Piloting the Use of Acceptance, Cognitive Defusion, and Values, in Reducing Experiential Avoidance and its Consequences Among Youth Rejected by Peers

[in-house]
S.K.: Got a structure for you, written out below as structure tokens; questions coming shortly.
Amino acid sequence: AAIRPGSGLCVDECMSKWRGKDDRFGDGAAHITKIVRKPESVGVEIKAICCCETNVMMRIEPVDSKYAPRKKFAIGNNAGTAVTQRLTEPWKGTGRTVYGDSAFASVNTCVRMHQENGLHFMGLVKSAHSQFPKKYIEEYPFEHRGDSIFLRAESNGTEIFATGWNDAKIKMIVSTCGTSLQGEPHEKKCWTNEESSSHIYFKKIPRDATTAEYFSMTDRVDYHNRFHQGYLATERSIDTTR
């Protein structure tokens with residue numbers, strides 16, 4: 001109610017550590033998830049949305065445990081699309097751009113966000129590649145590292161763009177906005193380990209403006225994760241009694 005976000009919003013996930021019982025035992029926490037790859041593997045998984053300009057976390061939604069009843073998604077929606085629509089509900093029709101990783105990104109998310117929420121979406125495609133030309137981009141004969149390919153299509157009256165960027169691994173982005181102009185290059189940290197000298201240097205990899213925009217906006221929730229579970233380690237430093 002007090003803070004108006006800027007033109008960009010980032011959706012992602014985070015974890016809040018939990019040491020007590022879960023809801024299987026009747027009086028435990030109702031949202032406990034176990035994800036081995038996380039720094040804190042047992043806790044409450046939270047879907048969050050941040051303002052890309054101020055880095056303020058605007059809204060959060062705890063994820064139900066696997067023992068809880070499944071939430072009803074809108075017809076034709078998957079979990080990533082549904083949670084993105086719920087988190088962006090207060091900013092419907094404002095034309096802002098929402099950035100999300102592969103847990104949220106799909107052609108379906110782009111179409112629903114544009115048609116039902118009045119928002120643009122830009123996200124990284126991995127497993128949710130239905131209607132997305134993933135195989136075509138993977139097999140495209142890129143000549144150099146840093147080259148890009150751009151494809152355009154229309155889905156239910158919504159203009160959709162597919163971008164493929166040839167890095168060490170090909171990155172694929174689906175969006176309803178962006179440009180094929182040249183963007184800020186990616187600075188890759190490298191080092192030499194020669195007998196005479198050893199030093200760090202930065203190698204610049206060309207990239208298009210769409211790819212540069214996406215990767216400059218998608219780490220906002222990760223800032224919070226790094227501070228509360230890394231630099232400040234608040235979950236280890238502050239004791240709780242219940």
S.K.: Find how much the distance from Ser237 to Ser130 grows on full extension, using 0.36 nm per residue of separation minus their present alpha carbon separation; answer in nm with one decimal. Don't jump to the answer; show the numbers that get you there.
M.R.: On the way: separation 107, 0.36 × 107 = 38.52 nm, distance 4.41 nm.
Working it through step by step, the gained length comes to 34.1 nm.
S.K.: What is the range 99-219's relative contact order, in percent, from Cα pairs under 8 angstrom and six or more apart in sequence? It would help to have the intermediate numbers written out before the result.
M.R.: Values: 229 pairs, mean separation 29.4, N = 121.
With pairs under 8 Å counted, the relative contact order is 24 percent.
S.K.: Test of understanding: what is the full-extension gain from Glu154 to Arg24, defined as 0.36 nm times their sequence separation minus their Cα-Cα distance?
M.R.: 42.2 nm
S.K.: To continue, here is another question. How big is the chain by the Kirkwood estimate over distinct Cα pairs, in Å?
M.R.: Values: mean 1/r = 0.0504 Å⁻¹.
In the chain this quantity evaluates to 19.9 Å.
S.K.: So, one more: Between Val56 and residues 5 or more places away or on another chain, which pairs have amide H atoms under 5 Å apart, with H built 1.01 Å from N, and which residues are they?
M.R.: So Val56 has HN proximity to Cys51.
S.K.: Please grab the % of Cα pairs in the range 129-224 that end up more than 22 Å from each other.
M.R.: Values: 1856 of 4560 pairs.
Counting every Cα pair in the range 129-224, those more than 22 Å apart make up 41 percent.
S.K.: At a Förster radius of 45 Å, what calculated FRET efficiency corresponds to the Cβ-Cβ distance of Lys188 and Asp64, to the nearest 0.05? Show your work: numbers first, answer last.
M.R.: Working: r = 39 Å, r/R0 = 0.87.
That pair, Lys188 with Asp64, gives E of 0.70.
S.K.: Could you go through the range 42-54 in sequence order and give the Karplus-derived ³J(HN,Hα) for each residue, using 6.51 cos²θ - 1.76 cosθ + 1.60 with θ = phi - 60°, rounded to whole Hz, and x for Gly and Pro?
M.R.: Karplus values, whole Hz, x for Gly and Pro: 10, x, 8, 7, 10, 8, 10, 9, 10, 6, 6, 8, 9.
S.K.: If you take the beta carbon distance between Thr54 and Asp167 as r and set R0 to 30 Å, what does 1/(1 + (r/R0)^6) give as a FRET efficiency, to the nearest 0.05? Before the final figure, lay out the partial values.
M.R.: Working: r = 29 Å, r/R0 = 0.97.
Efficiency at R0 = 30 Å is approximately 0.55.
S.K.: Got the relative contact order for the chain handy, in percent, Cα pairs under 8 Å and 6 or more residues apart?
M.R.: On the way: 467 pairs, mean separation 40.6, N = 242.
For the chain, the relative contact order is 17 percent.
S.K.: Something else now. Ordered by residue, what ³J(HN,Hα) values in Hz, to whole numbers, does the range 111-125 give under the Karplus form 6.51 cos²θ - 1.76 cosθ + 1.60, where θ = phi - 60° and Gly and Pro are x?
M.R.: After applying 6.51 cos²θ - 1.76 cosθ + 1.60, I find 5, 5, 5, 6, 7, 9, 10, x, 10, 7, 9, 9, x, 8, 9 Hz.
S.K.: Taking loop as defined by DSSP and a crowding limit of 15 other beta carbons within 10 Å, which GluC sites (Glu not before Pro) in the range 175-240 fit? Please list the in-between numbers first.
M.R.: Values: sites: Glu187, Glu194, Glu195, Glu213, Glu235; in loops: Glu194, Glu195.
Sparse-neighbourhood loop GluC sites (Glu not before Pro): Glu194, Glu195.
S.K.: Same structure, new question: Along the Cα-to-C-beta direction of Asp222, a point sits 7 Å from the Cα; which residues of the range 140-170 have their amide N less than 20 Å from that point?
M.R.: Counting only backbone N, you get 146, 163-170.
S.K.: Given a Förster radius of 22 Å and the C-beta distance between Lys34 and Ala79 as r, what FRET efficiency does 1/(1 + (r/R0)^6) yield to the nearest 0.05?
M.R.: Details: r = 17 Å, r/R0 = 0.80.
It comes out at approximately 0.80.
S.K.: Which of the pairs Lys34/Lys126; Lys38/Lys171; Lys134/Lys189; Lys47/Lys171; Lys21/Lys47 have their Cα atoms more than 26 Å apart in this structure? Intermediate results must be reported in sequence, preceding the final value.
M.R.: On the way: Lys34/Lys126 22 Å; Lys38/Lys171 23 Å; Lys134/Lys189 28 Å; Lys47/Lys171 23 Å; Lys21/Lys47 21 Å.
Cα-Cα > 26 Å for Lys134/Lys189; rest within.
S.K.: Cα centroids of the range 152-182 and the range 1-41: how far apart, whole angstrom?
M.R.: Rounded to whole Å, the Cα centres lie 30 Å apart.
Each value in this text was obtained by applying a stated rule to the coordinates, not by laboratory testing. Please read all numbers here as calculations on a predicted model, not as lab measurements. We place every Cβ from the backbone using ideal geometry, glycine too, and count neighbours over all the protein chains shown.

Peer rejection (PR) can be damaging to cognitive and emotional well being and lead to risky behavioral consequences (e.g., violence, increased peer pressure susceptibility), particularly for adolescents (Sebastian et al., 2010; Williams, 2007). Interventions designed to minimize the impact of and repair damage related to PR in youth have been somewhat successful (e.g., Mikami et al., 2005), although the need for further research into potentially pliable mechanisms underlying adolescent peer relationships remains. One suggested mediating factor is experiential avoidance (EA), which is the major target of acceptance- and mindfulness-based interventions such as Acceptance and Commitment Therapy (ACT; see Hayes, 2004 for a review). The present study built on the recommendations of Biglan et al. (2008) and Theodore-Oklota et al. (2014) in designing and implementing a prevention program aimed at reducing EA of PR experiences, with the hope of minimizing cognitive, emotional and behavioral consequences of PR. For this initial pilot, selected ACT components (acceptance, cognitive defusion, and values) were presented in age-appropriate form to six participants over five individual intervention sessions. The program was successful in reducing EA and cognitive fusion and/or improving mindfulness and acceptance for most participants, with some exceptions. Additionally, results showed a decrease in existing symptomatology for several participants (e.g., anger, depression, poor self-concept, overall stress). However, value congruence was not significantly improved for any of the six completers. Results are discussed in terms of theoretical implications and recommendations for further research, particularly in terms of how the existing pilot intervention could be altered and augmented to maximize effectiveness.